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Saturday, September 17, 2011

Samadhi cont'd

The state of samadhi, in my experience, is not easy to achieve. At first it comes and goes very quickly. You may have experienced this feeling while watching the sun set or maybe ocean waves rolling onto shore. There is a short period of time, maybe only a few seconds, of pure bliss and a feeling of being one with whatever you are experiencing at that moment. If you could extend that feeling into a longer period of time while simultaneously carring on a conversation, for example, you would be in Samadhi.

The process of developing Samadhi is thought to have originated with Patanjali, a sage from India some two thousand years ago. Patanjali is known as the "father of yoga" and wrote the Yoga Sutras which contains the Eightfold Path of Yoga also know as The Eight Limbs of Yoga. This ancient writing consists of eight do's and don'ts for living a pure, righteous and blissful life.

When Patanjali developed the Yoga Sutras there was little mention of the type of asanas or poses that were to be used in order to reach Samadhi. The word sutra means to link things together as in sewing. Hence, the word suture, for sewing a wound together or the demarcation lines between two bones in a skull for example. The Yoga Sutras linked short and to-the-point thoughts by describing how one related to the other. It is this relationship that all things have that forms the basis of yoga. The word yoga means union, primarily union of the mind with the boldy and the spirit.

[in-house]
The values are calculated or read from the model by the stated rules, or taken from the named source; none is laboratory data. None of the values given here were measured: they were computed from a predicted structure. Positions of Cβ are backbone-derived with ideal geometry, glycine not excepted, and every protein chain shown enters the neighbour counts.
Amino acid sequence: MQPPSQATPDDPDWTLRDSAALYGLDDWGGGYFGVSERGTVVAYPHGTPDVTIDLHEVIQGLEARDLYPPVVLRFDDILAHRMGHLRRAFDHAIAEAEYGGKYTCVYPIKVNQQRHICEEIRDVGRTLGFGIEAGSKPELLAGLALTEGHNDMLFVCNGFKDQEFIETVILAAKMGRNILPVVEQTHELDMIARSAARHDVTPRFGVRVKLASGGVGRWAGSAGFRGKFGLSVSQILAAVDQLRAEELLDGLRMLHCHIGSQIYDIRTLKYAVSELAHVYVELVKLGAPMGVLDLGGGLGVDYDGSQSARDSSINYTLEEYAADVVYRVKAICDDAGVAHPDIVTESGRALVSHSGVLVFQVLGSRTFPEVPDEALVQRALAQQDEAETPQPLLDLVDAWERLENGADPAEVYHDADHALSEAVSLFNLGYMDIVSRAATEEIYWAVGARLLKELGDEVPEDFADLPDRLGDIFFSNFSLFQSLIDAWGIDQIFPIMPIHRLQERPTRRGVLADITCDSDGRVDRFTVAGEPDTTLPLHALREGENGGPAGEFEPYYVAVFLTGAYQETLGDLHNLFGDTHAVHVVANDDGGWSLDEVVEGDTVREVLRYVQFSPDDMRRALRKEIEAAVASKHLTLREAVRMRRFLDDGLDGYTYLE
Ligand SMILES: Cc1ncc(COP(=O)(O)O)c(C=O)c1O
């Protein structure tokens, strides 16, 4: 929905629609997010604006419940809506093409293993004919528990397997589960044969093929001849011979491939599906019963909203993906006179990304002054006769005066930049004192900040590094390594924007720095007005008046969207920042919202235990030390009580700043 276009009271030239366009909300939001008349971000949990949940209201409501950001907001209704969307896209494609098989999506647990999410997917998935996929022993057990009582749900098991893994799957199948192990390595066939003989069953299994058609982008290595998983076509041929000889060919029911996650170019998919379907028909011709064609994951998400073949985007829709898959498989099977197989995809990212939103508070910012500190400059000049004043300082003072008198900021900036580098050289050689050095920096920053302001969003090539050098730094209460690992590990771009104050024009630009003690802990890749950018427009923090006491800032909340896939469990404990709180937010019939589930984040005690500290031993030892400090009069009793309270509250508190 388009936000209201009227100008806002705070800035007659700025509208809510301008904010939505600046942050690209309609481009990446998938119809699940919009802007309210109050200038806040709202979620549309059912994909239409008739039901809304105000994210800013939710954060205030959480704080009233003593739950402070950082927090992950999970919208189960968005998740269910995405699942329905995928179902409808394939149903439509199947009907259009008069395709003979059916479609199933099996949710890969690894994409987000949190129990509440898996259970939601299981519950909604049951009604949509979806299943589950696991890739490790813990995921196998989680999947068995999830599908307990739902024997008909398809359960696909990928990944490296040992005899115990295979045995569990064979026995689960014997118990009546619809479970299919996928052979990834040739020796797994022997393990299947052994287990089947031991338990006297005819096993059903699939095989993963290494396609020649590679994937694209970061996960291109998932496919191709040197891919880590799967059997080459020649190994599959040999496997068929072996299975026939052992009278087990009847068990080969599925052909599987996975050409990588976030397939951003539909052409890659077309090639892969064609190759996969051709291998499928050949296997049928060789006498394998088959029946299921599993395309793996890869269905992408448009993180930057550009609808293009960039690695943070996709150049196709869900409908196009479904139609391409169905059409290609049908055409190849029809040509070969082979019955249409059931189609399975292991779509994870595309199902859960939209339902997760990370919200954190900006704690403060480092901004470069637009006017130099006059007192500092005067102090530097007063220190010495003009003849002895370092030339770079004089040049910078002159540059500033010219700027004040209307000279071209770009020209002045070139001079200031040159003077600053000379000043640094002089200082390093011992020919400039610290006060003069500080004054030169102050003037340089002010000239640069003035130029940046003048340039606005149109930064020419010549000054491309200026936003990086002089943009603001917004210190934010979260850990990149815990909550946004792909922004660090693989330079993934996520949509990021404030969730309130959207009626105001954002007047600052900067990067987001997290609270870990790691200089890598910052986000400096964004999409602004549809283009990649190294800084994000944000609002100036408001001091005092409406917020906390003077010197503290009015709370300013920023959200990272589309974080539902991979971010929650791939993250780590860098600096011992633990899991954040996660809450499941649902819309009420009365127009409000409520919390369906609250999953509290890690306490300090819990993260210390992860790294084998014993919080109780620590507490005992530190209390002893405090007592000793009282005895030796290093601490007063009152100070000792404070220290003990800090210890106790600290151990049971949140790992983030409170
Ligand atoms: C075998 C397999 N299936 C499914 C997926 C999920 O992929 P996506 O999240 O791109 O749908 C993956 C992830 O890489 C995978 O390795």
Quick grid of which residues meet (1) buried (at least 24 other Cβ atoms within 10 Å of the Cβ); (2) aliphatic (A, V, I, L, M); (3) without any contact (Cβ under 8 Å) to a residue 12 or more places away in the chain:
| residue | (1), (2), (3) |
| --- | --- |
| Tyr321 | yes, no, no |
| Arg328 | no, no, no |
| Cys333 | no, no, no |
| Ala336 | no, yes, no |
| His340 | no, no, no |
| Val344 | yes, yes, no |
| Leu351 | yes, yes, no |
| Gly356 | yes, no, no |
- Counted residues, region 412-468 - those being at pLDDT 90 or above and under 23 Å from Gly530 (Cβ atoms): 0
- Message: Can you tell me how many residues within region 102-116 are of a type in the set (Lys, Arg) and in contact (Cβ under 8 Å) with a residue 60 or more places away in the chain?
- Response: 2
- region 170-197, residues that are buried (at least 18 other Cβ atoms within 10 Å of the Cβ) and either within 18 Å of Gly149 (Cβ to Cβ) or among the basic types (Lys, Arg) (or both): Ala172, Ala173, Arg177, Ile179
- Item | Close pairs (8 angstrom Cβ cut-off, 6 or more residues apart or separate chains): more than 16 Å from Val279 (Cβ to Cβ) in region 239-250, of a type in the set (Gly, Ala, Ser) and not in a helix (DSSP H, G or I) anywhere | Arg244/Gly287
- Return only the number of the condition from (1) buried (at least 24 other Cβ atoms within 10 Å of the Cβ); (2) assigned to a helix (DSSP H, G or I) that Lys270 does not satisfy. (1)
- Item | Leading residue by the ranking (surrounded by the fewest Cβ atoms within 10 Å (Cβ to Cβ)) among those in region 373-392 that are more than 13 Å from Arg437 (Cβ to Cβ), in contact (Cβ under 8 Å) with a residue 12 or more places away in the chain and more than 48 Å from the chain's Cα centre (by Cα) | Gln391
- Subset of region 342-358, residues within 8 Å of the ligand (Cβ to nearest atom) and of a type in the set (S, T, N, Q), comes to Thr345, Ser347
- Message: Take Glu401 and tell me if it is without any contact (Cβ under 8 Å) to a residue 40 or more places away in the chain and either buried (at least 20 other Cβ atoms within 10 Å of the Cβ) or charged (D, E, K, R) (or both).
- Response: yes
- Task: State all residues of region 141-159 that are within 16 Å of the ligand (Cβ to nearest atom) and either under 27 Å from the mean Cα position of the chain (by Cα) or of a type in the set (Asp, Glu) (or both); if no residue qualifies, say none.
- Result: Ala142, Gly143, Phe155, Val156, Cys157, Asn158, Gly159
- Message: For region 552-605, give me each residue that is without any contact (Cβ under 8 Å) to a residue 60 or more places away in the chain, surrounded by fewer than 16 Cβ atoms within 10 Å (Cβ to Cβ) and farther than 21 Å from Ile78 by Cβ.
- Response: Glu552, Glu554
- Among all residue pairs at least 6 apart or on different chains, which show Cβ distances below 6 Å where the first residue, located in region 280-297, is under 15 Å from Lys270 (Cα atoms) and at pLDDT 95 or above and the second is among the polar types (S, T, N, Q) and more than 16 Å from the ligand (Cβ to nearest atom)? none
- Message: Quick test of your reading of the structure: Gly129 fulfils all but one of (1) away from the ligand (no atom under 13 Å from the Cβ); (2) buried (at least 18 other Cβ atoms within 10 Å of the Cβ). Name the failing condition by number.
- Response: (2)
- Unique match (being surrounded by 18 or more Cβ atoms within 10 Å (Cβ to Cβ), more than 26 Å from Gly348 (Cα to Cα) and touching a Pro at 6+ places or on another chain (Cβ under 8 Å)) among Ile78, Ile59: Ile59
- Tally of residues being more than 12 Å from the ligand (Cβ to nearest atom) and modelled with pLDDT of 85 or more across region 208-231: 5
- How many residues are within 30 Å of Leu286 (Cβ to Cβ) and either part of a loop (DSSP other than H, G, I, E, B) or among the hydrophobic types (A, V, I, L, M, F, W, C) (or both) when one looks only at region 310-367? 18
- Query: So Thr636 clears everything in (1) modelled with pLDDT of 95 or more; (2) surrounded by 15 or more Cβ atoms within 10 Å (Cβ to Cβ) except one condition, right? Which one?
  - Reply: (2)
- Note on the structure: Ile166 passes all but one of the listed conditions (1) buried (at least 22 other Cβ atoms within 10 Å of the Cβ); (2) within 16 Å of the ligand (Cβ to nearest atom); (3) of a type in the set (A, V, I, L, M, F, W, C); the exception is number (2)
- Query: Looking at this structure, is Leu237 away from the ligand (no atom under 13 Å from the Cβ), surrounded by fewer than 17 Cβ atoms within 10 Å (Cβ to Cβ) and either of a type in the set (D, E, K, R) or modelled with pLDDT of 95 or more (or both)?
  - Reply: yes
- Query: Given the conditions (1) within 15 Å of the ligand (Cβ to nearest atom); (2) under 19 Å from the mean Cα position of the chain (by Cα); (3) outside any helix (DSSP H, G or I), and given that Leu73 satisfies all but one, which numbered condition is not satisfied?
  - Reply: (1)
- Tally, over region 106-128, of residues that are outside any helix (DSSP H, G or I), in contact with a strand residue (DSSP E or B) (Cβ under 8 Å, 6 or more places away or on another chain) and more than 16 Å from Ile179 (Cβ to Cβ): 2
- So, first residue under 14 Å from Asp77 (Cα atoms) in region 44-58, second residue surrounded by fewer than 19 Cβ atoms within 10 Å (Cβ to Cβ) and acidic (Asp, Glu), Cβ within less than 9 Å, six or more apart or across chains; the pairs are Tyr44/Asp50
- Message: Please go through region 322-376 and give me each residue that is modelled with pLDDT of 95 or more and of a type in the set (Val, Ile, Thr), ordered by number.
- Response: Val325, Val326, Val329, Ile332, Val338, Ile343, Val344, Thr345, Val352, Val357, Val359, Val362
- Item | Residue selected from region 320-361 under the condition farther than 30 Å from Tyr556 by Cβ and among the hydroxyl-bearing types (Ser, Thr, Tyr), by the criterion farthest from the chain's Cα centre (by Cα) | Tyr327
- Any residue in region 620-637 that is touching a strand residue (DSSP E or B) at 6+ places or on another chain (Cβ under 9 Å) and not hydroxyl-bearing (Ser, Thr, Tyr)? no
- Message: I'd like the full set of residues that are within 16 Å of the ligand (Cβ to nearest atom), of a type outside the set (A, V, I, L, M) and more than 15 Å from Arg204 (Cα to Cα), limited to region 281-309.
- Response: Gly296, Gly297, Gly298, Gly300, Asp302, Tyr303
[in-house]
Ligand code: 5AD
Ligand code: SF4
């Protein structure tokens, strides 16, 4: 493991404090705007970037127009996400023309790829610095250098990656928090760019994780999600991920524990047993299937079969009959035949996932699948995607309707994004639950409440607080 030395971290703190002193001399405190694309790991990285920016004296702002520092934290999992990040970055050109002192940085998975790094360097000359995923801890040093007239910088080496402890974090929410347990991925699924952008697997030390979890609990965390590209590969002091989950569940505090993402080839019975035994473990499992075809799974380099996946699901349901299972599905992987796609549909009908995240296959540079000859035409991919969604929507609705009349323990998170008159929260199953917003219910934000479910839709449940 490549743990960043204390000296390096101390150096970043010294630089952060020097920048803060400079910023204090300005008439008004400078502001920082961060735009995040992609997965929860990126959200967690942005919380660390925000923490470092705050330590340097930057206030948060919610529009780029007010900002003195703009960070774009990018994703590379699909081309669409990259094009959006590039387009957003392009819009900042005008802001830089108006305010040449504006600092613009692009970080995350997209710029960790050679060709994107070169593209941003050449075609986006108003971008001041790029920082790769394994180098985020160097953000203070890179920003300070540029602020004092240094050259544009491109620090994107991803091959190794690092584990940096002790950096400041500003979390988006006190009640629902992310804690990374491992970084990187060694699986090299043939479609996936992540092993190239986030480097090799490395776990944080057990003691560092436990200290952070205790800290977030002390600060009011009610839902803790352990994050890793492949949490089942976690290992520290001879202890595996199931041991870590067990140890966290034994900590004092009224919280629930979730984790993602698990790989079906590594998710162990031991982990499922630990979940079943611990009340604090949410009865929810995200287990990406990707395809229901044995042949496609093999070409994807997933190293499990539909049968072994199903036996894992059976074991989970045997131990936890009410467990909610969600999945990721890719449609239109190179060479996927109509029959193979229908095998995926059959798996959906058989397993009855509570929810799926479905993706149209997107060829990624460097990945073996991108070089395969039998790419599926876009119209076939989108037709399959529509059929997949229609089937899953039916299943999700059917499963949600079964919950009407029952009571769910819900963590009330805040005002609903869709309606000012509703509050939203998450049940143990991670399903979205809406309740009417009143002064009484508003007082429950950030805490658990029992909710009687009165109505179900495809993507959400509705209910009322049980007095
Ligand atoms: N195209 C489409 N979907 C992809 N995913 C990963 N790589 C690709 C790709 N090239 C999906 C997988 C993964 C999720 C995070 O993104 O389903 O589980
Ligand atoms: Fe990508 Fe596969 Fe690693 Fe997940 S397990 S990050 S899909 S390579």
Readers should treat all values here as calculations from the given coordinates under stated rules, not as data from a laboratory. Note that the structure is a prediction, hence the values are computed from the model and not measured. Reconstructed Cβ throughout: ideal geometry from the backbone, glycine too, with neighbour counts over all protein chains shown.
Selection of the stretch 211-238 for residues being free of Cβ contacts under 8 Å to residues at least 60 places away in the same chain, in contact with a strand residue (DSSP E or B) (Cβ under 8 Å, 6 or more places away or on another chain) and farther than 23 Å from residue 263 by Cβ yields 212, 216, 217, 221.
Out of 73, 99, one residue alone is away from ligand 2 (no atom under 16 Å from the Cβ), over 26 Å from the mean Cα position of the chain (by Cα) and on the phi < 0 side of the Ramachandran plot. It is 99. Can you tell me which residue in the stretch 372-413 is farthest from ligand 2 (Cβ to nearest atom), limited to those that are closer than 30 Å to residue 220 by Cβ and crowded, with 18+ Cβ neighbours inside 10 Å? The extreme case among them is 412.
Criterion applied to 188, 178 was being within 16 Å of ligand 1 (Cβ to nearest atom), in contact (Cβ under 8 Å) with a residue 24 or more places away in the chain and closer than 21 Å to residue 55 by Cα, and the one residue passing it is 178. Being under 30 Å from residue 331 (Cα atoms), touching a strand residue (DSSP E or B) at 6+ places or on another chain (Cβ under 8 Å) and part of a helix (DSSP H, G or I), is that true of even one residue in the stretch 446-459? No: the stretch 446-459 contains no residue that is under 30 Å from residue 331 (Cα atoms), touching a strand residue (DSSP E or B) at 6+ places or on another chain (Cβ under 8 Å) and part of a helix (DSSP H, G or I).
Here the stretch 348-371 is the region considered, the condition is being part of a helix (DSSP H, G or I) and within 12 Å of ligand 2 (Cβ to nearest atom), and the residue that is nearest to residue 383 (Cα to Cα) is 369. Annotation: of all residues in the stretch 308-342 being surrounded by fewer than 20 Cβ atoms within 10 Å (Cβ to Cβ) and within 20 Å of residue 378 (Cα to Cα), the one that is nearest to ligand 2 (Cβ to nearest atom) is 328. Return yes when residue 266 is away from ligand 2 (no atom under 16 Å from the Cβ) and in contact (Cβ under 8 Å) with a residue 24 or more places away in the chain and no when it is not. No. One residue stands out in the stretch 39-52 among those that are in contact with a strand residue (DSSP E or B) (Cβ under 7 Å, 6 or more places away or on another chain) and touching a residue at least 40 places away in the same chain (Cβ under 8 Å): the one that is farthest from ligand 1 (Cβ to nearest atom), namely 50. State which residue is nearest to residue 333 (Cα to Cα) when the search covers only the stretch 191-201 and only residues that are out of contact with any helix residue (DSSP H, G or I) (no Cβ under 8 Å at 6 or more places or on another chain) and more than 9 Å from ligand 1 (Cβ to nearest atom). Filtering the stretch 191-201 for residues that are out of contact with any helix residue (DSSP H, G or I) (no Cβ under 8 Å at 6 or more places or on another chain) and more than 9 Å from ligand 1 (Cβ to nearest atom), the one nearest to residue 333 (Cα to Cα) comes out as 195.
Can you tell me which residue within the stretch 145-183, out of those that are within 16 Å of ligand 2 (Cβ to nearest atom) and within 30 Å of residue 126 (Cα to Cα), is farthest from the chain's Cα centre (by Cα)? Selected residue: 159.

I'll briefly go over the eight limbs of yoga in my next post.

1 comment:

Mibeloved said...

This is not to be critical but only educational and for clarification about the complexity that is yoga:

For clarification purposes on the sanskrit, in wikipedia yoga is explained beginning with this


Yoga (Sanskrit, Pāli: योग yóga) is a physical, mental, and spiritual discipline, originating in ancient India,[1][2] whose goal is the attainment of a state of perfect spiritual insight and tranquility.[3] The word is associated with meditative practices in Hinduism, Buddhism and Jainism.[4][5][6]


In sanskrit there is what is called root words and there are a set number of these. From these words come all sorts of other words, which are considered to be either variant from or similar to the root word

Yoga as a sanskrit word is traceable to a root word which is yuj, which means to yoke or join. Initially it was used mostly for yoking animals or joining a bull to a harness or plow.

Another case is like the root work Kr which means to do

from that we have kriya, karma, vikarma,krita and many other words but some of these words like vikarma for instance might mean the opposite of the derivative word (karma) which would be contrary to the root kr.

yoga really is the yoking something, joining something, linking something to something else.

Later in the history india, the word union came to be used but again it is like to the root word more than to the word yoga

when yoga means union that is not the same as yoga as a system of psychological disciplines, like explained in Wikipedia

patanjali did not say that yoga means union but it is a fact that many other teachers say that yoga means that..

I have not seen patanjali use the word in that way , nor has Krishna used the word in that way in the Gita, if one pays attention to the sanskrit sentences.